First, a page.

have they slosed, left they should fee, &c. — wherefore God gaus them up to a reprobare zird, and they were blinded.
When St. Paul fays, that cbriftians believe accordo ing to the working Ged's mighty power, which he througkt is Chrift, when he raised him from the dead; he chiefly alludes to the refurre&ion of Chrift, and the out-pouring of the Holy Ghoft; the former of these wonders being the great object of the chriflian faith, and the latter displaying the great priviledge of the christian dispensation. To fuppofe therefore, that no body savingly believes, who does not believe according to an a&tual, overwhelming display of God's almighty power, is as unscriptural as to maintain, that God's people no longer believe, than he actually repeats the wonders of Easter-day, and of the day of Pentecost. Is it not clear, that the apostle had no such notions,, when he wrote to the Corinthians ? I declare unto you the gospel, which I preached unto you, which you have received, wherein ye stand; by which also ye are saved, if ye keep in memory-(if ye hold fast, as the original means) what I preached unto you, unlefi ye have believed in vain.
'For I declared unto you, &c. that Christ died for our fins, that he was buried, and that he rose again according to the scriptures, &c. Jo we preach, and so ye believed. Again, how plain is
the account, that our Lord and his forerunner give us of faith and unbelief! Verily we speak that we do know, and teftify that we have seen, and ye receive not our witness-What he (Chrift) hath feen and heard, that he testifieth, and no man (comparatively) receiveth his testimony : but he that hath received his testimony, hath jer to his seal that God is true. This is as intelligible as the following lines of the 22d hymn in the Rev. Mr. Madan's collection :
Ye need not one be left behind,
Two things have chiefly given room to our miftakes, respecting the strange impoffibility of believing : The first is our confounding the truths, which cha. racterize the several gospel-dispensations. We see, for example, that a poor besotted drunkard, an overreaching greedy tradesman, a rich sceptical epicure, and a proud ambitious courtier, have no more tatte for the gospel of Christ, than a horse and a mule have for the high-seasoned dishes that crown a royal table. An immense guiph is fixed between them, and the christian faith. In their present state they can no more believe in Christ, than an unborn infant can become a man without passing thro' infancy and youth. But, altho' they cannot yet believe in Chris, may they not believe in God according to the import of our Lord's words, Ye believe in GOD, believe also in A1E ? If the pharisees COULD NOT believe in Christ, it was not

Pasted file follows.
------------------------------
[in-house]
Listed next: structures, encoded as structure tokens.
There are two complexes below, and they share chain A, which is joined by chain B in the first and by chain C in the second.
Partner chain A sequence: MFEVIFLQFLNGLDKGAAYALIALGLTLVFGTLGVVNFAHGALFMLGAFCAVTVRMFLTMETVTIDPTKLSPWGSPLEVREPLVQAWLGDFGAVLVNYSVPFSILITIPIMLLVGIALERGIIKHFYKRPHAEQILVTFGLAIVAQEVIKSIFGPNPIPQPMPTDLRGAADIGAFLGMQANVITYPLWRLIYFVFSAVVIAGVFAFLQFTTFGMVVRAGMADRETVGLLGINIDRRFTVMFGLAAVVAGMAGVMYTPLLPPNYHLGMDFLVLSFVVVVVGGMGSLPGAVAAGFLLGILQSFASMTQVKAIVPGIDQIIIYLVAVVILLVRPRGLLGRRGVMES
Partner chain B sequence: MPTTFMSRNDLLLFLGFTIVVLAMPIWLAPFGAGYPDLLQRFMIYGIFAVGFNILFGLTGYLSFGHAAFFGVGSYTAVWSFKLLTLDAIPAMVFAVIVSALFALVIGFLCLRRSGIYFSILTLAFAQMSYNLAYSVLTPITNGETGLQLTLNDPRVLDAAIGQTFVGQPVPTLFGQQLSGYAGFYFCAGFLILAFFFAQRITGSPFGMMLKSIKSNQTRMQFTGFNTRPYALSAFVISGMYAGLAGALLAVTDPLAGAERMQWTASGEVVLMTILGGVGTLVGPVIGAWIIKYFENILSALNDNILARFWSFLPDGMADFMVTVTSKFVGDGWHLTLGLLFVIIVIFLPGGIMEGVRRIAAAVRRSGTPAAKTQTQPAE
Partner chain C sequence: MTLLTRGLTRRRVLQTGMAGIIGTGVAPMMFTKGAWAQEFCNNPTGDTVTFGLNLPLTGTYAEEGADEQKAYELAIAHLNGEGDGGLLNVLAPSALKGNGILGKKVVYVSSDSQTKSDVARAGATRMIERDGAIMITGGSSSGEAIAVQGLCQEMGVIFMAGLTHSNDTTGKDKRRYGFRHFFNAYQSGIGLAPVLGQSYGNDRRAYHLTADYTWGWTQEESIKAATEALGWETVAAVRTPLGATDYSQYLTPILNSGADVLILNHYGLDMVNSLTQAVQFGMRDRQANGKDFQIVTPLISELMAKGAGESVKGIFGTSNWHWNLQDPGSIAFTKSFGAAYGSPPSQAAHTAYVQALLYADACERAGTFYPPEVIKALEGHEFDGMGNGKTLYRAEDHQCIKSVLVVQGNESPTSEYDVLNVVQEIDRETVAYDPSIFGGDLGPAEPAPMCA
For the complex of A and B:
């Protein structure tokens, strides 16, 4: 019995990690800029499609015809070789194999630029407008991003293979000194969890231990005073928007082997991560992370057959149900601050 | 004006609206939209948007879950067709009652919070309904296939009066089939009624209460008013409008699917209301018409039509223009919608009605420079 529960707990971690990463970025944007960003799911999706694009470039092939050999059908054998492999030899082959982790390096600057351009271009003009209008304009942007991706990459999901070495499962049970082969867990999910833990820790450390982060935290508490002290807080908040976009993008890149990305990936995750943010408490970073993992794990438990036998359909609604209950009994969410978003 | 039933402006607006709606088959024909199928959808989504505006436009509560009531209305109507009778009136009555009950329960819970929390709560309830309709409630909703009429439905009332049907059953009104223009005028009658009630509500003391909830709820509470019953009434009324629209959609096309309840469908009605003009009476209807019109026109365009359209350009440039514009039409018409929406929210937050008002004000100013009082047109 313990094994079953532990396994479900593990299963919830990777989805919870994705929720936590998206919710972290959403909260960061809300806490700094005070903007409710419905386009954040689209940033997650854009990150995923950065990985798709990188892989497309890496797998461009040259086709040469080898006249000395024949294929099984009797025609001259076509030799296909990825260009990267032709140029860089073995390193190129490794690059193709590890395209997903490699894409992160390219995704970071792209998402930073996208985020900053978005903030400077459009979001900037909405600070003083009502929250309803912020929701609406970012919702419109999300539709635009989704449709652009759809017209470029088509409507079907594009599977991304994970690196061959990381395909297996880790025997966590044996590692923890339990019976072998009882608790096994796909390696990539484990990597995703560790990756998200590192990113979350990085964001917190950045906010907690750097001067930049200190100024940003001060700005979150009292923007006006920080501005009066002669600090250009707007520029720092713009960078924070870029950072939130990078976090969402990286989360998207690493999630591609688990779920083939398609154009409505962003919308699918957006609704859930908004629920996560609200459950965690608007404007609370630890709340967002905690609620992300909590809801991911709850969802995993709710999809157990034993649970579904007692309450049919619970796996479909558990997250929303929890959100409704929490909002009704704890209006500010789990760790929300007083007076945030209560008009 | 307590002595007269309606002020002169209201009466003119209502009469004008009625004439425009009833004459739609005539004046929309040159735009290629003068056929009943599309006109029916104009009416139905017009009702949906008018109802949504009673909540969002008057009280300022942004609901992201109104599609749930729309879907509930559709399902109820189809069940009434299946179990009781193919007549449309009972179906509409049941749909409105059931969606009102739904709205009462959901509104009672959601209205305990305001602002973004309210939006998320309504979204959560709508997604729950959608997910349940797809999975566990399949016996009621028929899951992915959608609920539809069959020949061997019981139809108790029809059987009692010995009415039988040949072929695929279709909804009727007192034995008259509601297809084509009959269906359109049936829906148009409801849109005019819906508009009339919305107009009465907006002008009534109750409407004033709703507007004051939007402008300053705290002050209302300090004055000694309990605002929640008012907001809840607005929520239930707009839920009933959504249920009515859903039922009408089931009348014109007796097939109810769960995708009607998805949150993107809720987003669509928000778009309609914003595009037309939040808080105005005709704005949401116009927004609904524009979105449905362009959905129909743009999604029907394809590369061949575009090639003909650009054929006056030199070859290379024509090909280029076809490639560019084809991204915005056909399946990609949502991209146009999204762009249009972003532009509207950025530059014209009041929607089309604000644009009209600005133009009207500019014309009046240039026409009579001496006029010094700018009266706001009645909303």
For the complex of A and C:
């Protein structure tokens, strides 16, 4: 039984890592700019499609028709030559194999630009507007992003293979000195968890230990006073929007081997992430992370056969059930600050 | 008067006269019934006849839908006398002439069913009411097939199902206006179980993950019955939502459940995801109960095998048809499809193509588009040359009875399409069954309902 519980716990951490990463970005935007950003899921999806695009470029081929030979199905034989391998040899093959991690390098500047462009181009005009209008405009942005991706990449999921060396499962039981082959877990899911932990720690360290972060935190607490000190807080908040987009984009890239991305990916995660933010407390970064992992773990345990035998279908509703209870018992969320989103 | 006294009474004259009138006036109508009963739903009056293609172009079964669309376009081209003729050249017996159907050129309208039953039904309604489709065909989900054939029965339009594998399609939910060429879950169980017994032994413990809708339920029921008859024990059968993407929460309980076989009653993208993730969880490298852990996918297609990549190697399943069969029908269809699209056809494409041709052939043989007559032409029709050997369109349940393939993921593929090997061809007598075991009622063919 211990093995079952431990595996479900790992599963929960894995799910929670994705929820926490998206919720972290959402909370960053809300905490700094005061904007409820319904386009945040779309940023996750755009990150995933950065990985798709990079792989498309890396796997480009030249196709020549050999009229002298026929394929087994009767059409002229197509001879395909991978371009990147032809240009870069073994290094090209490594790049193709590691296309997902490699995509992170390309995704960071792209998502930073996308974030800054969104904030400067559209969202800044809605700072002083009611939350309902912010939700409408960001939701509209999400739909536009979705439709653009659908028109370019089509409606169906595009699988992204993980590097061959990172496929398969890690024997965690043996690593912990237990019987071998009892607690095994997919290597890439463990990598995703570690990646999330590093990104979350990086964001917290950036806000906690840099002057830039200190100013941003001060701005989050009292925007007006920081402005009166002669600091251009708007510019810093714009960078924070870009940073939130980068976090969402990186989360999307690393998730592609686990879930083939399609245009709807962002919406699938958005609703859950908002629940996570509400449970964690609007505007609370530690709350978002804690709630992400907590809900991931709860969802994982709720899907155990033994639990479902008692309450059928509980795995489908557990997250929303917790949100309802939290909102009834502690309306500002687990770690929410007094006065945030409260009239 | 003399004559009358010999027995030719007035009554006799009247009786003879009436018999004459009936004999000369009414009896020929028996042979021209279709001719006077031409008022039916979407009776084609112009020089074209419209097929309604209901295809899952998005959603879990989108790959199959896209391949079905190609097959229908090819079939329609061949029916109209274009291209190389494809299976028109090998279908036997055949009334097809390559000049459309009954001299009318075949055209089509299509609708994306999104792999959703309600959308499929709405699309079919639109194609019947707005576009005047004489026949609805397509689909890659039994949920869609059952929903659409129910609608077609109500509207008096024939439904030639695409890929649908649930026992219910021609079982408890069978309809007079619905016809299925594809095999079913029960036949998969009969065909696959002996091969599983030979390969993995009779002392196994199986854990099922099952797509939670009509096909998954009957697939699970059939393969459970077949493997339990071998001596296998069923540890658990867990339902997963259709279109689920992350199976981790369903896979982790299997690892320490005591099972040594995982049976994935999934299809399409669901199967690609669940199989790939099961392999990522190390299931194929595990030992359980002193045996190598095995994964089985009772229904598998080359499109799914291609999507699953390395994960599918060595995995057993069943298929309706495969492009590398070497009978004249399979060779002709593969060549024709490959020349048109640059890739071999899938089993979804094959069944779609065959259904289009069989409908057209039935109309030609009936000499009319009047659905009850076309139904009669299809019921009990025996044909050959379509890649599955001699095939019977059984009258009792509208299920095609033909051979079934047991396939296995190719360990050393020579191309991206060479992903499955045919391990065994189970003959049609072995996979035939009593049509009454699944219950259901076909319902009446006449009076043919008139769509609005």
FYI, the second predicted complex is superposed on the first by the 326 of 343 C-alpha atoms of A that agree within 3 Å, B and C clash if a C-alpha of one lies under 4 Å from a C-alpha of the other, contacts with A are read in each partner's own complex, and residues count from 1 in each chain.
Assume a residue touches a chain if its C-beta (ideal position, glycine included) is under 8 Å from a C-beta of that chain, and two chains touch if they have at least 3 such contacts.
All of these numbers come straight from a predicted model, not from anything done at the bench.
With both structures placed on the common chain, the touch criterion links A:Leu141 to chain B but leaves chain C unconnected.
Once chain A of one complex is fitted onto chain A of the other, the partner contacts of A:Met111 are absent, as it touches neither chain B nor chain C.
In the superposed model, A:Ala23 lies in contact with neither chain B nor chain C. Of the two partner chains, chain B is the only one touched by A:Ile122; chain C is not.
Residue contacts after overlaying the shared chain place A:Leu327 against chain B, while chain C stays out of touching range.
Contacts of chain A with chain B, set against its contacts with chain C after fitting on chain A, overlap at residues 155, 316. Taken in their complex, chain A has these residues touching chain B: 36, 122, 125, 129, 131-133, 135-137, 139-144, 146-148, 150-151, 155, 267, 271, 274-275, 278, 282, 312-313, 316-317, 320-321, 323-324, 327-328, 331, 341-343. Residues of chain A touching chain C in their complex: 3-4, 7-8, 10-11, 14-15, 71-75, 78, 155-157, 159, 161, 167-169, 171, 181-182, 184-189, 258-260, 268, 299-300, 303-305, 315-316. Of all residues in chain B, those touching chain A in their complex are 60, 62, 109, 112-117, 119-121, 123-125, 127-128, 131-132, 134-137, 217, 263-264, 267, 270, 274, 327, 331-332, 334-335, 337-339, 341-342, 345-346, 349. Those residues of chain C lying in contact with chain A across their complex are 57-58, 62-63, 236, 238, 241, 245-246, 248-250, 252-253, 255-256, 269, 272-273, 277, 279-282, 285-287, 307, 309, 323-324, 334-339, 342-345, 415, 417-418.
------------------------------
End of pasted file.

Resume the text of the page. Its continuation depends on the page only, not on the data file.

because God never gave them a power equal to that which created the world; but, because they were practical atheists, who actually rejected the morning light of the jewish dispensation, and by that means abfolutely unfitted themselves for the meridian light of the christian dispensation. This is evident from our Lord's own words: I know you, that ye have not the love of God, or a regard for God in you. I my Father's name, and ye receive me not, tho’ you might do it ; for, if another shall come in his orun name, him ye will receive. How can YE BELIEVE, who receive horour one of another ? &c. There is one that accuseth you, even Mofes, in whom ye trust. For, had ye believed Moses, and submitted to his dispensation, ye would have believed ME, and submitted to my gospel. But if ye believe not his WRITINGS, how shall ye believe MY WORDS?
The second cause of our mistake about the impossibility of believing now, is the confounding of faith with its fruits and rewards.; which naturally leads us to think, that we cannot believe, or that our faith is vain, till those rewards and fruits appear. But is not this being ingenious to make the worst of things ? Had Abraham no faith in God's promise, till Isaac was born? Was Sarah a damnable unbeliever, till she felt the long-expected frait of her womb fir there? Had the woman of Canaan no faith, till our Lord granted her request, and cried out, О woman great is thy faith, let it be done unto thee .even as thou wilt ? Was the centurion an infidel, till Christ marveled at his faith, and declared, he had not found. such faith no not in Ifrael? Was Peter faithlefs, till his master said, Blessed art thou Simon bar Jonah ? &c. Did the weeping penitent begin to believe only when Christ said to her, Go in place, thy faith hath.Javed ther? And bad the apostles no faith in the promise of the Father, till their heads were actually crowned with celestial fire ? Should we not diftinguish between our fealing the sruth of our dispensation with the seal of our faith, according to our present light and ability ; and between God's sealing the truth of our faith with the seal of his